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By the Reverend Mr. De C O U R C Y.

Let the word of Christ dwell in you. richly in all
wisdom; teaching and admonijhing one another
in psalms, and hymns, and spiritual songs, sing-
ing with grace in your hearts to the Lord. Col.
iii. 16.

Worthy is the Lamb that was slain, to receive pow-
er, and riches, and wisdom, and strength, and
honour, and glory, and blessing. Rev. V. 12.

SHREWSBURY:

Printed by T. WOOD, and

Sold by G. Robinson, Paternoster-Row,
London, 1775.
/47. 4 S/P£

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PREFACE.

AS the book of Psalms abounds with subjects of praise, it has therefore proved a rich fund for hymnal composition. But, it ought to be remembered, that various passages in the writings of all the prophets celebrate " the soffer*.' ings of Christ, and the glory that should "follow,*" in as lively and evangelical strains, as any that dropped from the pen of even the sweet Psalmist of Israel himself; and wou'd consequently admit of as easy and profitable a versification. When our Church, therefore, published the book of Psalms in English metre, it is much to be regretted, that all the historical and imprecatory ones, (as they are called) were not omitted, to make room for some sweet extracts from the Prophets and the Apostles.

Our Version, it is allowed, may have some excellencies; but, every person of judgment and candor, must acknowledge, that it has its deficiencies too. Whoever possesses the smallest taste for poetical composition; will easily perceive, that Sternbold and Hopkins, (the versifiers of our psalms) were better acquainted with the truths of Divinity, than conversant in the beauties of poetry; and that a wreath of laurel did by no means suit their brow; or, as Fuller in his church - history wittily observes, that

* I Peler, i. 11.

« they

"they drank deeper of the water of life, than of the streams of Helicon." For, not to fay that the metre is extremely unflowing, the rhymes very unharmonious, the diclion very uncouth, and the fense in many places exceedingly perplext; I wish there was no cause to fear, that sometimes we meet with no sense at all.

But, the jargon of language and uncouthneis of rhymes, so glaring in our version, are not the cnly desects. It is embarrassed, moreover, with .considerable obscurity. The psalms are sull of .the glory of CHRIST; though, indeed, that glory is, in a great measure, veiled. But it is peculiar to the New Testament, to develope, or, throw light, upon the Old; that is, so to remove the veil of obscurity, as to exhibit, as in a bright mirror, the most advantageous manifestation of the Grace, Work, and Persok of CHRIST. And, every one, who would form an edifying paraphrase on any part of the Old Testament, whether in prose or verse, -should keep this point constantly in view. But this is not done in our version, nor in that of Tate and Brady, though the latter has considerably the advantage in point of poetic accuracy; no, nor even in the very elegant verification of Doclor Merrick. In all these compositions, we labor through great Old-Testament obscurity, which is manisestly done away in CHRIST; and fee more of Moses's Veil, than of the glory, which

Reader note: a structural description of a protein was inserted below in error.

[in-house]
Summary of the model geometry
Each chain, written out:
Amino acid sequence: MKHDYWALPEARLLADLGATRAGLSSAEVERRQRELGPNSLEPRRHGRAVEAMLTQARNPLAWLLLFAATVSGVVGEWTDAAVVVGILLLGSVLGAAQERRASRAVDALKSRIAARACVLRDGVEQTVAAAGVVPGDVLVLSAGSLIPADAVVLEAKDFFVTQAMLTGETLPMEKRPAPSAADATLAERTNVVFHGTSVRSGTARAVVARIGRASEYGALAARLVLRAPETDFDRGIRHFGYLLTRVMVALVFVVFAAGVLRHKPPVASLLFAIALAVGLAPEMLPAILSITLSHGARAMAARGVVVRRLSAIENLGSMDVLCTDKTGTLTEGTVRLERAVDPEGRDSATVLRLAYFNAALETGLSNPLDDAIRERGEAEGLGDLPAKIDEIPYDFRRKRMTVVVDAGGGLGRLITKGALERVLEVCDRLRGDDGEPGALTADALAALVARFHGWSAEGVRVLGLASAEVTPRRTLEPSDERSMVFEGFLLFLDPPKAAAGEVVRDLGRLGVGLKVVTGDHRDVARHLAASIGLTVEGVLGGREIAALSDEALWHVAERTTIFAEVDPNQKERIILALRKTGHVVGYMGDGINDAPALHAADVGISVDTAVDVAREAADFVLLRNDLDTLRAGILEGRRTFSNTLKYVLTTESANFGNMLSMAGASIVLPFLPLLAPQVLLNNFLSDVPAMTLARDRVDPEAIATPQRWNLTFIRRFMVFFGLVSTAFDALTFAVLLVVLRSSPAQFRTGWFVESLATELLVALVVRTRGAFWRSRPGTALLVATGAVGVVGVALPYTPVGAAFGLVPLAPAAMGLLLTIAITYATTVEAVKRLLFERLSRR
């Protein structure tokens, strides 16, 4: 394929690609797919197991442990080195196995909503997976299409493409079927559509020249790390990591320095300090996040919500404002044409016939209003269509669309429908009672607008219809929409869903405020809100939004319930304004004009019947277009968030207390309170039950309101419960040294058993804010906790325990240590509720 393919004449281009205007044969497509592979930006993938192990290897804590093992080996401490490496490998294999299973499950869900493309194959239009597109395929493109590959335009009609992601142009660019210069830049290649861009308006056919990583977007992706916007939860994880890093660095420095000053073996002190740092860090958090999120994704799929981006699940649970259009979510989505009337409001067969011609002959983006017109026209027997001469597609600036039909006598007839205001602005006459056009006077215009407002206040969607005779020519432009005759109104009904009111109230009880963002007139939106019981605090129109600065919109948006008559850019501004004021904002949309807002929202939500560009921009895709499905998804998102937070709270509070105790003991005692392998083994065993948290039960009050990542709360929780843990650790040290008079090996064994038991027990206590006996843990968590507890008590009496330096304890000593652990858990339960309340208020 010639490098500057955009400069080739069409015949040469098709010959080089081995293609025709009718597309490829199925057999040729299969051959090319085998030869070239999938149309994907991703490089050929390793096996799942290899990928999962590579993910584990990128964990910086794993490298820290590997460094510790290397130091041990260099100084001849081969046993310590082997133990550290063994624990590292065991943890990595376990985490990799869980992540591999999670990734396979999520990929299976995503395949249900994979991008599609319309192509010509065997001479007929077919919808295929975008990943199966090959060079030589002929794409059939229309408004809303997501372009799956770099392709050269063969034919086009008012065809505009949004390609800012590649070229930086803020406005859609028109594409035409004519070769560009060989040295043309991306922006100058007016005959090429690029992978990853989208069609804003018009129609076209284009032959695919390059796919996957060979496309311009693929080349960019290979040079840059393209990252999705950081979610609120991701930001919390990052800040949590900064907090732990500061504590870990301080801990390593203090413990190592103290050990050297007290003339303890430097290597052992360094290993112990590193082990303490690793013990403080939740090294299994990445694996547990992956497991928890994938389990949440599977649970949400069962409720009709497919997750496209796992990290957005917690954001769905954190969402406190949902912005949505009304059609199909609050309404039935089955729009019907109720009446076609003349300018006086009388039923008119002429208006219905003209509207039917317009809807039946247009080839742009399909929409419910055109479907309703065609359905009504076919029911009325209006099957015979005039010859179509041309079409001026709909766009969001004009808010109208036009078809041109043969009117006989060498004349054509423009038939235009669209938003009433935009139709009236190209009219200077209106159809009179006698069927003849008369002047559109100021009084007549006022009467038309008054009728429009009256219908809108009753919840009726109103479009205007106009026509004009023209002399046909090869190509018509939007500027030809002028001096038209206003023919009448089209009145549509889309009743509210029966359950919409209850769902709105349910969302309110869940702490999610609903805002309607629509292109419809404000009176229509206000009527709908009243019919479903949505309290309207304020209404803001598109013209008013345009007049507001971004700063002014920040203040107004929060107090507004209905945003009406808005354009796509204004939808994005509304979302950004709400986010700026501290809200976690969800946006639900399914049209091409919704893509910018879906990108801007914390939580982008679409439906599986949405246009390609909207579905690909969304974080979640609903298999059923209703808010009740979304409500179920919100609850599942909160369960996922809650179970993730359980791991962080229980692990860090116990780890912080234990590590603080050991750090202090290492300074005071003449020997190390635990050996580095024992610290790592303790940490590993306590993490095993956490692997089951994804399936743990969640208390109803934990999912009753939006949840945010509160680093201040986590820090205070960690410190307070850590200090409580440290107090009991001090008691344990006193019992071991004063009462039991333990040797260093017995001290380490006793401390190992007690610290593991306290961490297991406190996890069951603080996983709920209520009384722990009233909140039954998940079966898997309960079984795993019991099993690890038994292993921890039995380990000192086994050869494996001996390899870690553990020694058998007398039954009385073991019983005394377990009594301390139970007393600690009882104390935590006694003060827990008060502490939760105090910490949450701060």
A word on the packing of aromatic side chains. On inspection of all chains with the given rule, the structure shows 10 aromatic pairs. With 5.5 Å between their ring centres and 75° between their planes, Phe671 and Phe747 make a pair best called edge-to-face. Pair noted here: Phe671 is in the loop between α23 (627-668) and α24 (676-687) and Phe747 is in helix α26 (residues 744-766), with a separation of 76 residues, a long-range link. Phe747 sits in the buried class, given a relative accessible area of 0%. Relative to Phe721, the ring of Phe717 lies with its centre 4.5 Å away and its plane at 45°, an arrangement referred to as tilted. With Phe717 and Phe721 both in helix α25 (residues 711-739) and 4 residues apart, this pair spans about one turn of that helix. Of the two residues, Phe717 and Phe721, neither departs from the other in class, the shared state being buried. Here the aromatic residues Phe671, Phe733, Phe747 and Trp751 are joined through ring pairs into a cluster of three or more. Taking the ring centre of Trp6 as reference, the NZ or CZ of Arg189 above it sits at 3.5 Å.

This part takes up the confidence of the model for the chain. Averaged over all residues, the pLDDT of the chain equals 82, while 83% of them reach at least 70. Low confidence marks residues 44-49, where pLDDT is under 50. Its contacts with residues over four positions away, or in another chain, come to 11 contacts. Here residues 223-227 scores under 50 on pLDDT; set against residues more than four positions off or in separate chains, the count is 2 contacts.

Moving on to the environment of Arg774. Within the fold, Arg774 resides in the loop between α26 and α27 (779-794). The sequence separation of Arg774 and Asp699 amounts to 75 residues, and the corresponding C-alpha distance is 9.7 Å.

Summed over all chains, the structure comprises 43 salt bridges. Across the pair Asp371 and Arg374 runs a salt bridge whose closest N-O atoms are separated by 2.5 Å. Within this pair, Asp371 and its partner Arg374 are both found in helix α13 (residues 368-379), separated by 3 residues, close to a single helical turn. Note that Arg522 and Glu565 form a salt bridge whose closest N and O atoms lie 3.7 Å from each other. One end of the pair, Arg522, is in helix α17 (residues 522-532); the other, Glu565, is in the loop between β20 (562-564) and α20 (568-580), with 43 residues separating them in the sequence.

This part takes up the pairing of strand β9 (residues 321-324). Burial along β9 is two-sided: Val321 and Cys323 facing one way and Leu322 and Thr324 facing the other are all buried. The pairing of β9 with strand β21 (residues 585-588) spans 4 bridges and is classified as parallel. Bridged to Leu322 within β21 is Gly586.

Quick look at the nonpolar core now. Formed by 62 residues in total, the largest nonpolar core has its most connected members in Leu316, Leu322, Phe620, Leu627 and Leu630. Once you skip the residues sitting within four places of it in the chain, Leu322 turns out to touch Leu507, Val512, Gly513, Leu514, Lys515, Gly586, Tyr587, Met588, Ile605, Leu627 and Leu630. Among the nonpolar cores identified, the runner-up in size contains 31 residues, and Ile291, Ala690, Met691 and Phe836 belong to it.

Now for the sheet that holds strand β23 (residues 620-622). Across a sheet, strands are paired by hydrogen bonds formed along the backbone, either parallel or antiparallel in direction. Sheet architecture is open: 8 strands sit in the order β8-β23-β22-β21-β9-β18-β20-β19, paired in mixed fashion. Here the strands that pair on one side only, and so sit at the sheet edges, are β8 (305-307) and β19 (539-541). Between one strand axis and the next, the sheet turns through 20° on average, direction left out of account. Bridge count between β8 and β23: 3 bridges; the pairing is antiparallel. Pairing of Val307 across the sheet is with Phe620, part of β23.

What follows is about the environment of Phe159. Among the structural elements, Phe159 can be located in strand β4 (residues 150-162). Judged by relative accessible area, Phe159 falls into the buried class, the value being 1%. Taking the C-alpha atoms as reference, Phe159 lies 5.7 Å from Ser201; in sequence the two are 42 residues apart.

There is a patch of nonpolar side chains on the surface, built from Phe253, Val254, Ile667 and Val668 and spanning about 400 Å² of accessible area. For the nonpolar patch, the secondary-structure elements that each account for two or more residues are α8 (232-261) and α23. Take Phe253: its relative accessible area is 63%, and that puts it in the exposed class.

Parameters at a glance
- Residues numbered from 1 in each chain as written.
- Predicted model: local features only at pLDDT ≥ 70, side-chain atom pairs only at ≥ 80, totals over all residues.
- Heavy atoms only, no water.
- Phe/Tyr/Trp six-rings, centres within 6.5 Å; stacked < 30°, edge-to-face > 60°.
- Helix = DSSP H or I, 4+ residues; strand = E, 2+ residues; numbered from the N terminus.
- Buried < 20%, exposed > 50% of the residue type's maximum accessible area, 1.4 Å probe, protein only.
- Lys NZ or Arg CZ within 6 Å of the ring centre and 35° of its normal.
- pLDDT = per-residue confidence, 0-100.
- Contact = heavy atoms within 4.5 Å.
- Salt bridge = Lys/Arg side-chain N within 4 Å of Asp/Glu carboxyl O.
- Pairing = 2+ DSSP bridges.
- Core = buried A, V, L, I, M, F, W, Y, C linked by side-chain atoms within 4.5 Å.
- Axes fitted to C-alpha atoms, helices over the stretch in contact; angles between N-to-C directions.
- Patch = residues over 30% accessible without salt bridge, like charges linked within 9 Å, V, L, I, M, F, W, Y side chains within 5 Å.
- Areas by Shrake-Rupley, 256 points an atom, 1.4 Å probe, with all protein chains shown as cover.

beams. beanls from the head of his Illustrious Antitype'. The Church of Scotland is not less embarrassed in this respect. The version of the Kirk is not a whit more poetical, nor more evangelical than our own. Many pious and judicious men, therefore, in both Churches, have earnestly wished to fee such a collection of fsalms, hymns, and spiritual songs, taken from the old and new Testament, as would do honor to our language, to British poetry, and to sound divinity.

With a design, then, to obviate the defects of our Version, to gratify the requests of many of my hearers, to encourage gospel psalmody, and to promote the glory of GOD, I have taken the liberty to publish the following collection of psalms and hymns, taken chiefly from the seraphic Doclor Watts and others; praying that the LORD would accompany them with a divine blessing, and teach us to sing " with the Spirit, and with the understanding also.''

It has been frequently observed, that no part of divine worship approaches so nearly to the immediate employ of glorified spirits, as that of singing the praises of our GOD. And it is very much to be wished, that the heavenly exercise may so universally prevail, as to abolish for ever those "ungodly songs" (as the Church of England very justly styles them) " which tend only to the nourishing-of vice, and the corrupting of youth." *

* See the title-page to the book of psalms collected into Eng.' Kfli metre by T. S. mi J. H. Jn

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